For those living in large and active Jewish communities with many resources, such a seminar may not seem like much, but to these communities, addressing their specific needs gives them the power to continue their quest for Jewish connectivity.
“We changed the rules of the game,” she said proudly.

WORKING WITH Israel’s government:  A Western Wall for all?

Perhaps the most delicate field in which the Jewish Agency must navigate is how it relates to its governmental obligations.
“The Jewish Agency has a special status,” explained Yigal Palmor, head of the International Relations Unit and foreign policy adviser to the chairman of The Jewish Agency.

While the legalities of that status are quite complex, it simply translates into the organization’s ability to encourage aliyah and help olim in Israel on behalf of the government. From background checks on potential olim to providing them with professional training and Hebrew classes, The Jewish Agency works closely with the absorption and interior ministries when it comes to the multi-faceted aliya process.

“The Kotel (Western Wall) has been at the core of Jewish life for centuries and there should be a place at the Wall for every Jew. I had the honor of initiating a solution back in 1993,” Herzog explained.

However two years ago, when Sharansky played an integral role in drafting a compromise between non-Orthodox streams of Judaism and the Israeli government to introduce an egalitarian prayer section at the Western Wall, this critical aspect of the organization came to the forefront.

 “The agreement made a few years ago carried on in the same spirit, respecting existing traditions, while enabling expression of all Jewish streams and practices,” Herzog said of that new deal. “Unfortunately, politics prevented the plan’s implementation, and when I entered the office of chairman, the situation was at an impasse. I’ve been dedicating much effort ever since to lower tensions and reach a new consensus that will not exclude any Jew from the Kotel. I see it as a priority. The Kotel must not be a source of rift.”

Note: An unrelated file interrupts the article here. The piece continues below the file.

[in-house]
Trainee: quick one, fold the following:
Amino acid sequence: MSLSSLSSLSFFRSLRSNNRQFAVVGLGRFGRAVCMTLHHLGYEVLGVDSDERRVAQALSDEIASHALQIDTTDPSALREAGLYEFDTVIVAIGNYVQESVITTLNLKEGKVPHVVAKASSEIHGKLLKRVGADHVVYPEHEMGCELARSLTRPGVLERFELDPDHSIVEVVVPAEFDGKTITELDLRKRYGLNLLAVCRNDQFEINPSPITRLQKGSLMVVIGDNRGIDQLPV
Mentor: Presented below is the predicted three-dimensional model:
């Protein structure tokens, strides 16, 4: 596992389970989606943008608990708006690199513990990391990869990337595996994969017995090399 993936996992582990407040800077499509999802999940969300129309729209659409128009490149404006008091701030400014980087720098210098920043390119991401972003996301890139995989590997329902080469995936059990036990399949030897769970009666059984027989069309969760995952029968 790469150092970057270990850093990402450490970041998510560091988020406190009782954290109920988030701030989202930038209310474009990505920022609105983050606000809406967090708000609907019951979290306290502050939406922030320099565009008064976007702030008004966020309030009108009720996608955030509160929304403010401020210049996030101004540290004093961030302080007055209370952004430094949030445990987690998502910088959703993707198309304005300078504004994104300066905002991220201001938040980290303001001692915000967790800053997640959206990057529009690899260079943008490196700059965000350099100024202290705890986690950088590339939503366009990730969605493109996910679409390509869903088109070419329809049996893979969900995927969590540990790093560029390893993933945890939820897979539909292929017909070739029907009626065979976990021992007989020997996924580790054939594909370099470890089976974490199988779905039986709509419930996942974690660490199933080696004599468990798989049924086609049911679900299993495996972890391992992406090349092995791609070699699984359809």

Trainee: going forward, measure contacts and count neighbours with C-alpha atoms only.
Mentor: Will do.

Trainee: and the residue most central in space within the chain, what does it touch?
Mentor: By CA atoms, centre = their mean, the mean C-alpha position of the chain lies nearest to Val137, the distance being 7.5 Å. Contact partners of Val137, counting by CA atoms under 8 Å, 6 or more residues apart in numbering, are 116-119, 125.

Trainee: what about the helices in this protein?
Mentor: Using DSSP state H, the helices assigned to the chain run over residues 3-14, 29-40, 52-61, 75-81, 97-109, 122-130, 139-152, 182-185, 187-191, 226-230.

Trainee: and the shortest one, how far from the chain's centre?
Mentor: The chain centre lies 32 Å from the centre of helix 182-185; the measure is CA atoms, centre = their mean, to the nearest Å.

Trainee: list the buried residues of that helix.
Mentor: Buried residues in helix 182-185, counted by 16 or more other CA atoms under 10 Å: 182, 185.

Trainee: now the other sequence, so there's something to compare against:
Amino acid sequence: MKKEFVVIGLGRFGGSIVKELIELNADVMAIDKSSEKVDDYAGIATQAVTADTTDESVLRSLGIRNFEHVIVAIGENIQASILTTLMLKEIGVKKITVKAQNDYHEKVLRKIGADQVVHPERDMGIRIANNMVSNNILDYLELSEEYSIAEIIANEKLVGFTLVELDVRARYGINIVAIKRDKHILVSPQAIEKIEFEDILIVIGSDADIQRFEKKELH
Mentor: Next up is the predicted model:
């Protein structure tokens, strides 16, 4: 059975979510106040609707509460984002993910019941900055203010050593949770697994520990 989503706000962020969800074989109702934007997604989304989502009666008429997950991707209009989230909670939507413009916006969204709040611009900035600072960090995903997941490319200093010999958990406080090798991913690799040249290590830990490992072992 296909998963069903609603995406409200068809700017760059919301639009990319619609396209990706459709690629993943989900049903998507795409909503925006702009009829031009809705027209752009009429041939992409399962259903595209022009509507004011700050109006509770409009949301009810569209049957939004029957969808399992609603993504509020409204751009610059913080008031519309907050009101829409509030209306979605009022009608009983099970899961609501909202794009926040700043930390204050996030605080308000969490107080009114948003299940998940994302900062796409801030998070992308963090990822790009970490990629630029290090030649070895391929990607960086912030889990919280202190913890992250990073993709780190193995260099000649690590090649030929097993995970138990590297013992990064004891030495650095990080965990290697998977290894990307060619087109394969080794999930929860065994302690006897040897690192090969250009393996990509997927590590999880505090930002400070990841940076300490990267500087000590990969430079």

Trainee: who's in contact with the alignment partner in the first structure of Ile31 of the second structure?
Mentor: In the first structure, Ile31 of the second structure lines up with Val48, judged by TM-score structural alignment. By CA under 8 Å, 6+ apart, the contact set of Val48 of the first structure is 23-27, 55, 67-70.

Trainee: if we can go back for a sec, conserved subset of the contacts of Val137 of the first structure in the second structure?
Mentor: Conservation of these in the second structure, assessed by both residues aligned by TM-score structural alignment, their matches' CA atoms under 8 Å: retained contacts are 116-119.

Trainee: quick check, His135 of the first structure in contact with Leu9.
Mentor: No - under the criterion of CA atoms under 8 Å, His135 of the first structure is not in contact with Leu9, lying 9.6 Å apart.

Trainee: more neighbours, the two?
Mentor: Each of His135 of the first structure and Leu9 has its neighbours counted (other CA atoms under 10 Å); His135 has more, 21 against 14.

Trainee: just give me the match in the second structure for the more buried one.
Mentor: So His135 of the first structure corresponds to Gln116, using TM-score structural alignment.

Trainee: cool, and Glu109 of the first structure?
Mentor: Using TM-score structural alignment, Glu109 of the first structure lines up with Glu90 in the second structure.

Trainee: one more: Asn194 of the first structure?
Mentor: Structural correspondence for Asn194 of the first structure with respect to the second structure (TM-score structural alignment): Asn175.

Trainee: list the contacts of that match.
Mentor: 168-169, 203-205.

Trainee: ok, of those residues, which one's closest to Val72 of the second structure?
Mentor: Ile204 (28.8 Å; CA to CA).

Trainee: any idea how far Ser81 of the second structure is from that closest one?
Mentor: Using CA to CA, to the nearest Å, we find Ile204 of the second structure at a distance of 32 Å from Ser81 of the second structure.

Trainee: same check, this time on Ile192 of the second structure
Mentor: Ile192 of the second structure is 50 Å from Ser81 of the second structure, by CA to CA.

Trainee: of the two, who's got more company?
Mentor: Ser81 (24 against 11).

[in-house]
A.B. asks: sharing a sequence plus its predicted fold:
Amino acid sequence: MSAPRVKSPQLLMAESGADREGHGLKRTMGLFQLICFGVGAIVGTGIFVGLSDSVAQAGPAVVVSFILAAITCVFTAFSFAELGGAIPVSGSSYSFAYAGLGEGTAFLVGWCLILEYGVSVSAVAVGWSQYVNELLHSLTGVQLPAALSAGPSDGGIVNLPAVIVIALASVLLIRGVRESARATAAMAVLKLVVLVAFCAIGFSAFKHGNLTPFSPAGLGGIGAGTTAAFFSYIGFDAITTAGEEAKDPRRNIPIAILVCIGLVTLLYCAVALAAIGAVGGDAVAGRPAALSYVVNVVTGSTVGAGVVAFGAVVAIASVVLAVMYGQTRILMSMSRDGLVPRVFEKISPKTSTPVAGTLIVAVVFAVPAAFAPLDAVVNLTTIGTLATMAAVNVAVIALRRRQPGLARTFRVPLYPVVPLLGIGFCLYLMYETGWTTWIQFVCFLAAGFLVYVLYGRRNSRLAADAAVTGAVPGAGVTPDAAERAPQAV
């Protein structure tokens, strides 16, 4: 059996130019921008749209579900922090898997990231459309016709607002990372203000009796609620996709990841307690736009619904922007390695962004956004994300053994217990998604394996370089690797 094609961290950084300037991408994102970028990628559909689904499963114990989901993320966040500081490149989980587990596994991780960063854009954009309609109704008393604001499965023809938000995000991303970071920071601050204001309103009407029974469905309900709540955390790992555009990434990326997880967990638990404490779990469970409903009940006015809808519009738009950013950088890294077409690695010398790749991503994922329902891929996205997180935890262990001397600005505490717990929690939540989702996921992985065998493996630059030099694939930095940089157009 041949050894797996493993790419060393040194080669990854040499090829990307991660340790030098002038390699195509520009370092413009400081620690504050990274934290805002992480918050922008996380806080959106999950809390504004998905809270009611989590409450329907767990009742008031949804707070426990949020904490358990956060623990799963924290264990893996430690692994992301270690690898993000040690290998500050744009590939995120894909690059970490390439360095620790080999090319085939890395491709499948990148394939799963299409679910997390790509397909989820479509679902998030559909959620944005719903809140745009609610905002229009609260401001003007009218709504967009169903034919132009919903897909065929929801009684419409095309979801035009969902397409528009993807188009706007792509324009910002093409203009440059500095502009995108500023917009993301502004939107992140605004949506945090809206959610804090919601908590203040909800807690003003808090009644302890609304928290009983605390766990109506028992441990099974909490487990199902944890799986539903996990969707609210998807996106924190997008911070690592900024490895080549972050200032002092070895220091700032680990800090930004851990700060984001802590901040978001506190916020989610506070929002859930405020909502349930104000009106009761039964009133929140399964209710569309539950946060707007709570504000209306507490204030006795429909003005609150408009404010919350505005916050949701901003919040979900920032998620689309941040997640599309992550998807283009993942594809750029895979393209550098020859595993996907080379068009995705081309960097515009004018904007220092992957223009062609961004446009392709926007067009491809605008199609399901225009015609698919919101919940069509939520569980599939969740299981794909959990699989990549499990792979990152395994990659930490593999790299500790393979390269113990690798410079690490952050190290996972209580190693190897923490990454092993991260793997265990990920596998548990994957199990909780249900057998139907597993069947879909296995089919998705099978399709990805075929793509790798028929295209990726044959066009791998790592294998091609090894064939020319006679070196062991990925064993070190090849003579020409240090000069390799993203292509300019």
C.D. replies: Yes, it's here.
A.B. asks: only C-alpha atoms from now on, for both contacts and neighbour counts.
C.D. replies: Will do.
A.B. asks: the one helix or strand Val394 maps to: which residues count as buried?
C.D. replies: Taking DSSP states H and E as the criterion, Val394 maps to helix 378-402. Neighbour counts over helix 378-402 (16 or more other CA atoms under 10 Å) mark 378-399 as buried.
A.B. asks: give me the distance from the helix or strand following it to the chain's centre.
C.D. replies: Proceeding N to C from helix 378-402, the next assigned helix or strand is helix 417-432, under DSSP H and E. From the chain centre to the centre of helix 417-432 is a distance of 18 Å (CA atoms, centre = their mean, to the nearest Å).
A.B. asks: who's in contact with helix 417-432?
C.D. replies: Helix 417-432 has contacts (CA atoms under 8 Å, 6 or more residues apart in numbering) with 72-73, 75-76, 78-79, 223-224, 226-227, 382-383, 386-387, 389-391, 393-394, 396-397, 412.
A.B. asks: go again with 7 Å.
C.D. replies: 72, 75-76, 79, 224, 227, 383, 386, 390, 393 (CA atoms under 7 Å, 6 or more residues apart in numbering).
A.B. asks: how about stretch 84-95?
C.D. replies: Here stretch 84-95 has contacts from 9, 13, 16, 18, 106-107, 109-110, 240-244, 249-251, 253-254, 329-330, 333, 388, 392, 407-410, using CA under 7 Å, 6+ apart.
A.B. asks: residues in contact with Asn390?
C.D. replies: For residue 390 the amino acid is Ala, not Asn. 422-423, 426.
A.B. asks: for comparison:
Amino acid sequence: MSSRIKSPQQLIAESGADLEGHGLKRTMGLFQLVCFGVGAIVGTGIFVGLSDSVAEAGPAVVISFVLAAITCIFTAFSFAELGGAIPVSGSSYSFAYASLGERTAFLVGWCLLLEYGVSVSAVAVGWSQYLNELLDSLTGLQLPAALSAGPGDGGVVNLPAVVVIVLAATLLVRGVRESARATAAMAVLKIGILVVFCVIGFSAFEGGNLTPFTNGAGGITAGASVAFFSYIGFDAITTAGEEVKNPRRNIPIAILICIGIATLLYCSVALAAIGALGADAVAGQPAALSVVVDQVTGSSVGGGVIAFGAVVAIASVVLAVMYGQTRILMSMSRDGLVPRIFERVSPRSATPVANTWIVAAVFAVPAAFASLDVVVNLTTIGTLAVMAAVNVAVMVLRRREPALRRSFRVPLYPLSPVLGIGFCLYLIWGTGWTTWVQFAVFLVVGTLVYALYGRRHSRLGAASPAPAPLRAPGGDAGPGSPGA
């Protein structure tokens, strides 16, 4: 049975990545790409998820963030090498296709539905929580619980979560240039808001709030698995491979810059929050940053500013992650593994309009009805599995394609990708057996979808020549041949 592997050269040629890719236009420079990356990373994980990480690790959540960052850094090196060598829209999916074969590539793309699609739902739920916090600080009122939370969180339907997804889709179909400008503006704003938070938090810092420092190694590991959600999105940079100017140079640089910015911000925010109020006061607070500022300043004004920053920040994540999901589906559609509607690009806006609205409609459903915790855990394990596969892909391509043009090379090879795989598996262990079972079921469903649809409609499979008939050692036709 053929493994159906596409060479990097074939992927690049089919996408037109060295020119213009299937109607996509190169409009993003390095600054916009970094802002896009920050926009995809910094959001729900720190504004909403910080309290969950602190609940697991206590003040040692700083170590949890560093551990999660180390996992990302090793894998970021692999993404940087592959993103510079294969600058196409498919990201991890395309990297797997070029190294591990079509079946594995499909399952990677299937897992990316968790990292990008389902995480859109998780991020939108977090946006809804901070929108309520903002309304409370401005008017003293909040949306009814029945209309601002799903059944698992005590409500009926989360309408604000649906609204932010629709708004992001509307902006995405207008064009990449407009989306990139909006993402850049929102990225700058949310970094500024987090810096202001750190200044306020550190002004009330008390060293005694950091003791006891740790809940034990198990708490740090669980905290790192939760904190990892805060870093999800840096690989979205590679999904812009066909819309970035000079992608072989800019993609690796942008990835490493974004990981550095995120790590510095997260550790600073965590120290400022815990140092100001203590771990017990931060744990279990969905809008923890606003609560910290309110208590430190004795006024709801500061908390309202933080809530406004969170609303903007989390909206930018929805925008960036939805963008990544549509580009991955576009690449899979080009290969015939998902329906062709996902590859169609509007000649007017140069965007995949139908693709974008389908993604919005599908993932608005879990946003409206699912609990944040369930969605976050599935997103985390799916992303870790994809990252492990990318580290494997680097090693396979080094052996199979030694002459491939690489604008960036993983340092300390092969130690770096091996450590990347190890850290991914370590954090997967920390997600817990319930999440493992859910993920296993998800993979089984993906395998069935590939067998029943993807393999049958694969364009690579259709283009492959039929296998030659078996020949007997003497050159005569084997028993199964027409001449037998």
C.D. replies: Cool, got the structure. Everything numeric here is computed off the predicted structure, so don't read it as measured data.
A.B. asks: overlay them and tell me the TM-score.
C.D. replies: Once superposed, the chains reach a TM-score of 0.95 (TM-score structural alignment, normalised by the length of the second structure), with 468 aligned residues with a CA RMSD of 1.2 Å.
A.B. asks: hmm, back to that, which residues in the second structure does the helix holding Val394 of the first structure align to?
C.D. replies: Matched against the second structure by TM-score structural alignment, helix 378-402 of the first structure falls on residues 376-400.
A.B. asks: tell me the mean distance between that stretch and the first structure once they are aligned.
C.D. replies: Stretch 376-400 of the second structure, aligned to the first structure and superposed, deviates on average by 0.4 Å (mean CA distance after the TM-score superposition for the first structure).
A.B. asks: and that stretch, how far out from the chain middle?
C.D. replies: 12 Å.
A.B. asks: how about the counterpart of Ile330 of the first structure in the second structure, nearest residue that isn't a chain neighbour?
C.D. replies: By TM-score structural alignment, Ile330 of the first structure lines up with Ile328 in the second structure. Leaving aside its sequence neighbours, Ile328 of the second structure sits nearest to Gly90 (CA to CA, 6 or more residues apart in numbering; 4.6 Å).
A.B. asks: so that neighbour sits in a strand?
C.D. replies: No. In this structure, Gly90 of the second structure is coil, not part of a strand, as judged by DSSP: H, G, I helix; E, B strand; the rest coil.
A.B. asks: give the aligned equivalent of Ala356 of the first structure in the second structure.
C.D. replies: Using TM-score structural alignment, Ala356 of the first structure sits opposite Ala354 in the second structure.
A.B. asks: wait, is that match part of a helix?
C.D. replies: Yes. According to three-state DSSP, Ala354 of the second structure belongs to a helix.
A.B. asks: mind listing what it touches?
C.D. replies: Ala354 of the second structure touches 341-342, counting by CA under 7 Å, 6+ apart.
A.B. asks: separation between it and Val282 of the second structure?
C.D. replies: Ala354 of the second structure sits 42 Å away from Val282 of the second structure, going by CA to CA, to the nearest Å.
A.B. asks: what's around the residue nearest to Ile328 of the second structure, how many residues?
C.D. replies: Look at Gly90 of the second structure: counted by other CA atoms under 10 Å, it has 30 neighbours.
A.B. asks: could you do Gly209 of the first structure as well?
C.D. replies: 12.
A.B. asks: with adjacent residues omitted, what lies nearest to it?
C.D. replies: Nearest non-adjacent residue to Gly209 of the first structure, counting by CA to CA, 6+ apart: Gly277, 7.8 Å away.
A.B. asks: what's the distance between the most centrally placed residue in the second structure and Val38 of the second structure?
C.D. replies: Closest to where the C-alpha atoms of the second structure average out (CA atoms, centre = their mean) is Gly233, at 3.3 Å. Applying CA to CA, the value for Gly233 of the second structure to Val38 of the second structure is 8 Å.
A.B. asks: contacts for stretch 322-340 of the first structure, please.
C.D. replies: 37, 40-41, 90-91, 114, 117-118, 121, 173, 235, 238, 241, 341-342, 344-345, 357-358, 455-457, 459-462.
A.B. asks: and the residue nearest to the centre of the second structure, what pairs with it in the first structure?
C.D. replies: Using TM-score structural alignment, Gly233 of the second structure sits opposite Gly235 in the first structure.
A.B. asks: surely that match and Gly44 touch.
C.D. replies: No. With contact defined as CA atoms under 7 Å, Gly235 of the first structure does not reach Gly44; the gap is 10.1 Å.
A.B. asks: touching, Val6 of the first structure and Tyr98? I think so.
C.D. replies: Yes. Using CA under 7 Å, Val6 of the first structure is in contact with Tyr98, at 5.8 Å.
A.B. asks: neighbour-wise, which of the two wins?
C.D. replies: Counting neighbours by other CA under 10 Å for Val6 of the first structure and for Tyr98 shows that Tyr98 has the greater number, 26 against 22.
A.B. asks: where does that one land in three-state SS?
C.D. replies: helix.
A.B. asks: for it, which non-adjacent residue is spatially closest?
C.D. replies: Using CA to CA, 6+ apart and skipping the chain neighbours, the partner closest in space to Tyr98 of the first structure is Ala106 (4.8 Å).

When that plan fell apart after Prime Minister Benjamin Netanyahu yielded to the demands of the ultra-Orthodox, Sharansky – and The Jewish Agency – were the first to condemn the move.

“Sharansky never cared much for his own personal prestige, but rather, he wanted to protect the Jewish Agency’s status as the most important bridge between Israel and the Diaspora,” Palmor revealed. “When it fell apart, he felt betrayed to a great extent.”
When Herzog assumed office, then, he inherited this clash between Diaspora Jews and the Israeli government and the dispute not only on the Kotel issue, but the rabbinate’s monopoly on conversion and marriage as well.

“These issues are precisely the kind of things you don’t deal with during an electoral year,” Herzog said. “But since that’s our reality for the past year and a half, not much has been done.”

However, with the wounds still very fresh, Herzog is not afraid to have brought everyone to the table once again.

“Is there an alternative plan cooking?” Palmor asked. “I don’t know. I think [Herzog] wants to be discreet about it because he doesn’t want to advocate for specific ideas, [and] only be a target for criticism. The idea is to negotiate behind the scenes.”

At the time of this writing, it is still unclear whether the leaders of Israel’s evenly split electorate will manage to cobble together a viable coalition government, or whether Israelis will be heading to their third election in a year. Regardless of which government ultimately controls the reins of State, the Jewish Agency is committed to cooperation.

But there are big internal changes ahead within the organization, most of which will be revealed this month during the annual Board of Governors meeting, where Herzog will present a 10-year plan aimed at restructuring.

With a new CEO and chairman at the helm, a new digital age rewriting the rules of the game, and global antisemitism rearing its ugly head yet again, the organization understands that if it wants to survive another 90 years, it must embrace these challenges head on.

Herzog seems confident that the young people of The Jewish Agency will help steer the organization in the right direction so it can continue to flourish for another 90 years.

“There are incredible people who are working here – younger, relatively young – who are full of energy and engulfed in a sense of purpose,” he said. “We have to take into account that we don’t have the privilege of taking any risk of quarreling among ourselves. What an amazing era this is: Jewish life flourishes, and all we hear about is quarreling. There is much more love of Israel if we bring together a dialogue. I’m an optimist.”